I filled Henley's near-empty water bowl and rushed her through a potty break. Even though I knew she'd had her share of exercise yesterday, and that mamas had to take care of themselves in order to take care of their babes, I guiltly slipped out the front door. I got half way down my block before I had to turn around for my gym ID, which got her all excited again. Zen my ass. Just getting to class was a production.
While I enjoyed the class, I certainly wasn't feeling the yin/yang. My body did the moves, but my head ran right through the next day's to-do list and took a hearty turn onto Insecurity Row.
The week passed quickly, but I felt on edge. I avoided the phone (even more than normal) and spent an entire Saturday
I knew it was almost here when that familiar tickle appeared in my throat while I was watching the last episode of Weeds. It erupted from me during the last scene: open mouth cry, breathless sobs. For absolutely no reason and for absolutely every reason under the sun.
I missed my family. (When Weeds makes you miss your family, your family is either super cray-cray or you're one sentimental cat. I plead the fifth. ;) I was still stumbling at work, grappling to learn a new language in a fast-paced office. Still learning my surroundings. Still feeling it all out. Feeling it really intensely, per usual. All of it.
I'm hard on myself. I want to get it right the first time. I want to do it on my own, faster than I did last time, and with absolute grace. I hate to falter, I hate to find the weak spot. Even though this time around I knew I would need to make room for patience and self-care, like one makes space in one's hips during yoga. I still overdid myself, piled on too much pressure, got bent all out of shape.
I love Chicago, and I love my job. My social life is filled with friends both new and old. But I'm not sure you could pay me enough to replay the last six weeks. There's been nothing wrong in particular, it's just that the adjustment has had me so far out of alignment that its almost as if I had to come out the other side. Cue open mouth cry, breathless sobs.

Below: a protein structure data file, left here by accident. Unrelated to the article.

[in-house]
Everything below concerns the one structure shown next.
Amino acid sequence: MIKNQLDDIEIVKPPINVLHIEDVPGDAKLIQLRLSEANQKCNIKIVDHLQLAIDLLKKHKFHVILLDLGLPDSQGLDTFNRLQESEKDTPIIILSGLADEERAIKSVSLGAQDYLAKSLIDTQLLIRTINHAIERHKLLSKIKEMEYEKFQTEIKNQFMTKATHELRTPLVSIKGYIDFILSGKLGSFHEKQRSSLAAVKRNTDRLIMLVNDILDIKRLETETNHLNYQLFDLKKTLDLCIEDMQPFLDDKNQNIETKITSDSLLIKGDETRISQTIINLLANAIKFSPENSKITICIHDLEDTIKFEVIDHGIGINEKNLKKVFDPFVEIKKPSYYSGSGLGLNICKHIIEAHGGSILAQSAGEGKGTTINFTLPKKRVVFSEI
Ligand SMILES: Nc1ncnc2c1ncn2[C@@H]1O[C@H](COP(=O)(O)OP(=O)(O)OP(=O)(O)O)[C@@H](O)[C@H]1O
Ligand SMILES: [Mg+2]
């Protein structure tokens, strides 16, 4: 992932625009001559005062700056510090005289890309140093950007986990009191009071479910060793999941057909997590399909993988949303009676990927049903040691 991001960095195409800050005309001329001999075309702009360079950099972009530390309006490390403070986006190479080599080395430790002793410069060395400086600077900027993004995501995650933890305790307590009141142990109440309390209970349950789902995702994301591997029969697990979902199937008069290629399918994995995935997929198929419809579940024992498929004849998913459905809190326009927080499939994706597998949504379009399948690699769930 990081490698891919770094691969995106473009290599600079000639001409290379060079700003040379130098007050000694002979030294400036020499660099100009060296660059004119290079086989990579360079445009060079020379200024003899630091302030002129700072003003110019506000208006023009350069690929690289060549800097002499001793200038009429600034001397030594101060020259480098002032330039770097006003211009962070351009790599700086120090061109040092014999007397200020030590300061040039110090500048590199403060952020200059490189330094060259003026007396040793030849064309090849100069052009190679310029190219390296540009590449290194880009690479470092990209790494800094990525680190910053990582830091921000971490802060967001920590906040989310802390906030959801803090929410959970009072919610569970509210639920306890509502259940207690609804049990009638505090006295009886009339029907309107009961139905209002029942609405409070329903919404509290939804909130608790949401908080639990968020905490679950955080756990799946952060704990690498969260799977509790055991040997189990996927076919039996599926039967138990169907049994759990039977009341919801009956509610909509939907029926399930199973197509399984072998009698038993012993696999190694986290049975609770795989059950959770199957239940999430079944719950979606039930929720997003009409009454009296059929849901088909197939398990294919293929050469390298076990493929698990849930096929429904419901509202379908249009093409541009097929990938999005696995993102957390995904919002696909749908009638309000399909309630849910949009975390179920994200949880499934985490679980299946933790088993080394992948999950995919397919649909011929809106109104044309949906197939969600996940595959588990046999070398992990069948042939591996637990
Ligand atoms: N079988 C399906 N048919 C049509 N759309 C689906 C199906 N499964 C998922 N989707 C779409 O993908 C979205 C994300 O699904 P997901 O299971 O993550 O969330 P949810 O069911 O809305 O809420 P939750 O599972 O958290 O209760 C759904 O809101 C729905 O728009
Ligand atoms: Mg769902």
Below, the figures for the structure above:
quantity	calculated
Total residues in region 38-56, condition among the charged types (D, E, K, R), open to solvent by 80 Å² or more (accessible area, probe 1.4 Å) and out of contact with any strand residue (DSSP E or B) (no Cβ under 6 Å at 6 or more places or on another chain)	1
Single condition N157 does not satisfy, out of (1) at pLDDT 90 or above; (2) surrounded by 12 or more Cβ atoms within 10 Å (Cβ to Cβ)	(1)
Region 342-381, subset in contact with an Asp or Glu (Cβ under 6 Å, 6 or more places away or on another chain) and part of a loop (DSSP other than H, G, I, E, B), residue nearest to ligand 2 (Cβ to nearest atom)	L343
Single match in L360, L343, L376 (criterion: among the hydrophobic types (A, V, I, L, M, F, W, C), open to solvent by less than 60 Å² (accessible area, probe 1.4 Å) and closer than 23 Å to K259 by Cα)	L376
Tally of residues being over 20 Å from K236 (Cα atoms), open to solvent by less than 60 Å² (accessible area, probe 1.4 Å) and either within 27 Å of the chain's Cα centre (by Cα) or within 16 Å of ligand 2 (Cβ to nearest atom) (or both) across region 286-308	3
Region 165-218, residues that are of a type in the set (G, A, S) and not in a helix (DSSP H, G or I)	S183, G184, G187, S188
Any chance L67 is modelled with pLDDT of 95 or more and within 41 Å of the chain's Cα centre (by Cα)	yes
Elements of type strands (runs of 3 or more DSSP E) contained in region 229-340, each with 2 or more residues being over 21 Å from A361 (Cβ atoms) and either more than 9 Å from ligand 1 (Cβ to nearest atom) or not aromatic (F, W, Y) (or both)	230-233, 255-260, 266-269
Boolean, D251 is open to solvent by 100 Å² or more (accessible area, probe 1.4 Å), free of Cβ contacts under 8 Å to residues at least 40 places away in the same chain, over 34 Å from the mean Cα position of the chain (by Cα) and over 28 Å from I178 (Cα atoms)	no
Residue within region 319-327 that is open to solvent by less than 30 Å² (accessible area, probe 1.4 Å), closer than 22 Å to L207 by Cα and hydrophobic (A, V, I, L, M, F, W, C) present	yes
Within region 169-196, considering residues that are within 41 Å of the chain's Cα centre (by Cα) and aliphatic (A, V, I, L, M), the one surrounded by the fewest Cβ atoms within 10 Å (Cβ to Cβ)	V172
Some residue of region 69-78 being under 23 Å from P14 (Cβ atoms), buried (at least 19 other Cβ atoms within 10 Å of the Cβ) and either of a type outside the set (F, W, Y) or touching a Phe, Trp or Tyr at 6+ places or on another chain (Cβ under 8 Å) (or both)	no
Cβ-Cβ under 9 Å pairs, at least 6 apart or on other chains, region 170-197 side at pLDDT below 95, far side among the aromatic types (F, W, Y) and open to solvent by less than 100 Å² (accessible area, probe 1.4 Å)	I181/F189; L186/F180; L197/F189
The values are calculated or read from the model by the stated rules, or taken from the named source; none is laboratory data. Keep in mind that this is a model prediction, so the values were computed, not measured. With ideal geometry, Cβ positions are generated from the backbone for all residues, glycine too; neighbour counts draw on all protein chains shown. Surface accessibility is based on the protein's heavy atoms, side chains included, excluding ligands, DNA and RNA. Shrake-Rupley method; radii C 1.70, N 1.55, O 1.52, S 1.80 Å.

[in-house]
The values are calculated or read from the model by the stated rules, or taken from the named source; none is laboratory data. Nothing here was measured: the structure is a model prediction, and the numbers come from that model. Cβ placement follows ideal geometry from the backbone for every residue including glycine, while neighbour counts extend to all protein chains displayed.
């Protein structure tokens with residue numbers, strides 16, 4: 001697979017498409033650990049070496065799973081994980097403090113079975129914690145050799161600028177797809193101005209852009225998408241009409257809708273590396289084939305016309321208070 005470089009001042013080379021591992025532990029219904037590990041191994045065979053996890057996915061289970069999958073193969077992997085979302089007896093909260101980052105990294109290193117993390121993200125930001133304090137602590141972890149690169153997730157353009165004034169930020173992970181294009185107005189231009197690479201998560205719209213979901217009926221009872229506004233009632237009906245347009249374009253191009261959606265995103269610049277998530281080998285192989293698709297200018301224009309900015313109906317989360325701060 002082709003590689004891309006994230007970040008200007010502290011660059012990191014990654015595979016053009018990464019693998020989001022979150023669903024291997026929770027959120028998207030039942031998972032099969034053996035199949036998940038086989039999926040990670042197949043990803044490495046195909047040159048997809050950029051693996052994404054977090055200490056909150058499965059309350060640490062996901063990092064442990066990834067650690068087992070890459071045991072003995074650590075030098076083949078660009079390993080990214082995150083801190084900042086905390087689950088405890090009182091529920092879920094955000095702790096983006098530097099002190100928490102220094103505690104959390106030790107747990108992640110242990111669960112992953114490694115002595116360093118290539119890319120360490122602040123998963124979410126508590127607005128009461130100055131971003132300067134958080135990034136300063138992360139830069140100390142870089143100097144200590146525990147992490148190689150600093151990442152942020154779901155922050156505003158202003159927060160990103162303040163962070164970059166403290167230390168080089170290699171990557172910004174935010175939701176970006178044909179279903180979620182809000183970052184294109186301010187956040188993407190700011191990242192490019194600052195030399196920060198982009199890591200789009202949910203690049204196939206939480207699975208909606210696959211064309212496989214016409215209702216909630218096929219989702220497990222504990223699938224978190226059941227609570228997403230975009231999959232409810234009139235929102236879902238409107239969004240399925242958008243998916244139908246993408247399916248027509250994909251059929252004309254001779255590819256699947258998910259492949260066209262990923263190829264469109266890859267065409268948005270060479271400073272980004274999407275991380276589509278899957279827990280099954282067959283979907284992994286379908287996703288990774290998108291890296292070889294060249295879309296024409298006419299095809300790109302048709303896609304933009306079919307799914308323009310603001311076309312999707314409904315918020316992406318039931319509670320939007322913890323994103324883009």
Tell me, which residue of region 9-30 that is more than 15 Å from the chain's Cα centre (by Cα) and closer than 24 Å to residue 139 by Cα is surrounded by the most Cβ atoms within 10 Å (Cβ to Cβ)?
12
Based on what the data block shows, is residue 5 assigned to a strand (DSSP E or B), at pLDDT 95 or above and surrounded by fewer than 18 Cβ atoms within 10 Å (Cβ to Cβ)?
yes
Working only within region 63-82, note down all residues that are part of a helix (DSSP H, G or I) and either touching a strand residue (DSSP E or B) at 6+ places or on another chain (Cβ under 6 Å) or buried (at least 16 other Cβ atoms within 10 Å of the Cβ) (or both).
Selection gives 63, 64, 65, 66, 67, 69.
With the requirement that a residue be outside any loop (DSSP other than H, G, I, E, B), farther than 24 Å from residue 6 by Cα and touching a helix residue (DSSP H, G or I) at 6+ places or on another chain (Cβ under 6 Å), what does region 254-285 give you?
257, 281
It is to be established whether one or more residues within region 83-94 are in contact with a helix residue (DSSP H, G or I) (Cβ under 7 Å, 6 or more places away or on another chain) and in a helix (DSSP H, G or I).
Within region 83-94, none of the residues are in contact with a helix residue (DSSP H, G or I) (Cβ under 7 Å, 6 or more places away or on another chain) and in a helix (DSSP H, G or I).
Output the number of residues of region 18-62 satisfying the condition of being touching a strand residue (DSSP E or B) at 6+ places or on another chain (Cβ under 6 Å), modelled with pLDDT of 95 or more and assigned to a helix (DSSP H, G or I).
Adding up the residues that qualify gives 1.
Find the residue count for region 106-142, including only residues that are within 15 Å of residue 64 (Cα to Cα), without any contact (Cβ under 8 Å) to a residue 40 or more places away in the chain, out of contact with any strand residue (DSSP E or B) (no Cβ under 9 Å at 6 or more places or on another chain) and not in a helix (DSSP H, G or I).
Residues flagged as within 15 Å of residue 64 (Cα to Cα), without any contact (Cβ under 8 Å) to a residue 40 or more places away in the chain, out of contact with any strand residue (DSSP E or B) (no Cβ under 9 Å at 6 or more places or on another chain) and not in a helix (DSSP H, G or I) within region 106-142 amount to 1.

I've been so self-aware, so full of self-doubt. I have been having the absolute best experience I could have hoped for, but it wound me up tighter than I've ever been.
But that's what yoga's for. Last night I got there early, having already ran my 40 minutes of intervals and made my rounds through the weight machines. I chose a mat, a block, a strap, and a blanket, and strategically placed myself next to the only heterosexual male in the room.
The instructor said in her yoga teacher voice, "Find your place on the mat. Get comfortable in a seated position. Set your intention for tonight's practice." I wished she would follow me around through life. "Remember this is your practice, your hour. Honor your limits as well as your growth. If something comes to mind that is not to do with tonight's practice, simply bring yourself back."
Gentle reminders. Bring yourself back. Learn your body's way of saying no, slow down, or dig just a little bit deeper. Open up your heart space: shoulders back, chin up. The position you are in is the perfect position for you, right now. Calmly assess your next move if you begin to feel discomfort. You may find stiff old aches you didn't know were still there. If you feel out of sorts, quietly retreat to child's pose, and join the group again when you're ready.
It's only when you return to the mat that you remember that the struggle is worth it. You can avoid yoga, you can make excuses to dodge the work, but once you're back on the mat, you remember. You get yourself into poses you don't know your way out of. You twist and stretch and go too far and reset. There's the burn and the good hurt, the progress and the sweet release. But you have to return to the mat.
After a few sun salutations, some hell-yes-that's-the-good-stuff-hallelujah hip and IT-band stretches and one are-you-fucking-kidding-me-I-hate-you warrior combination, I returned my gear to the front of the room, gave the token hetero a shy smile, and walked out, feeling taller, a tad more graceful and a lot more relaxed.
"You will be called on to expand," says Danielle LaPorte. "And that is why we practice."
It's true what they say about anxiety: The only way out, is through. You can't hop over it, you can't duck under it, and there's no way around it. You have to face it straight on, head bowed, hands at your heart center. Namaste.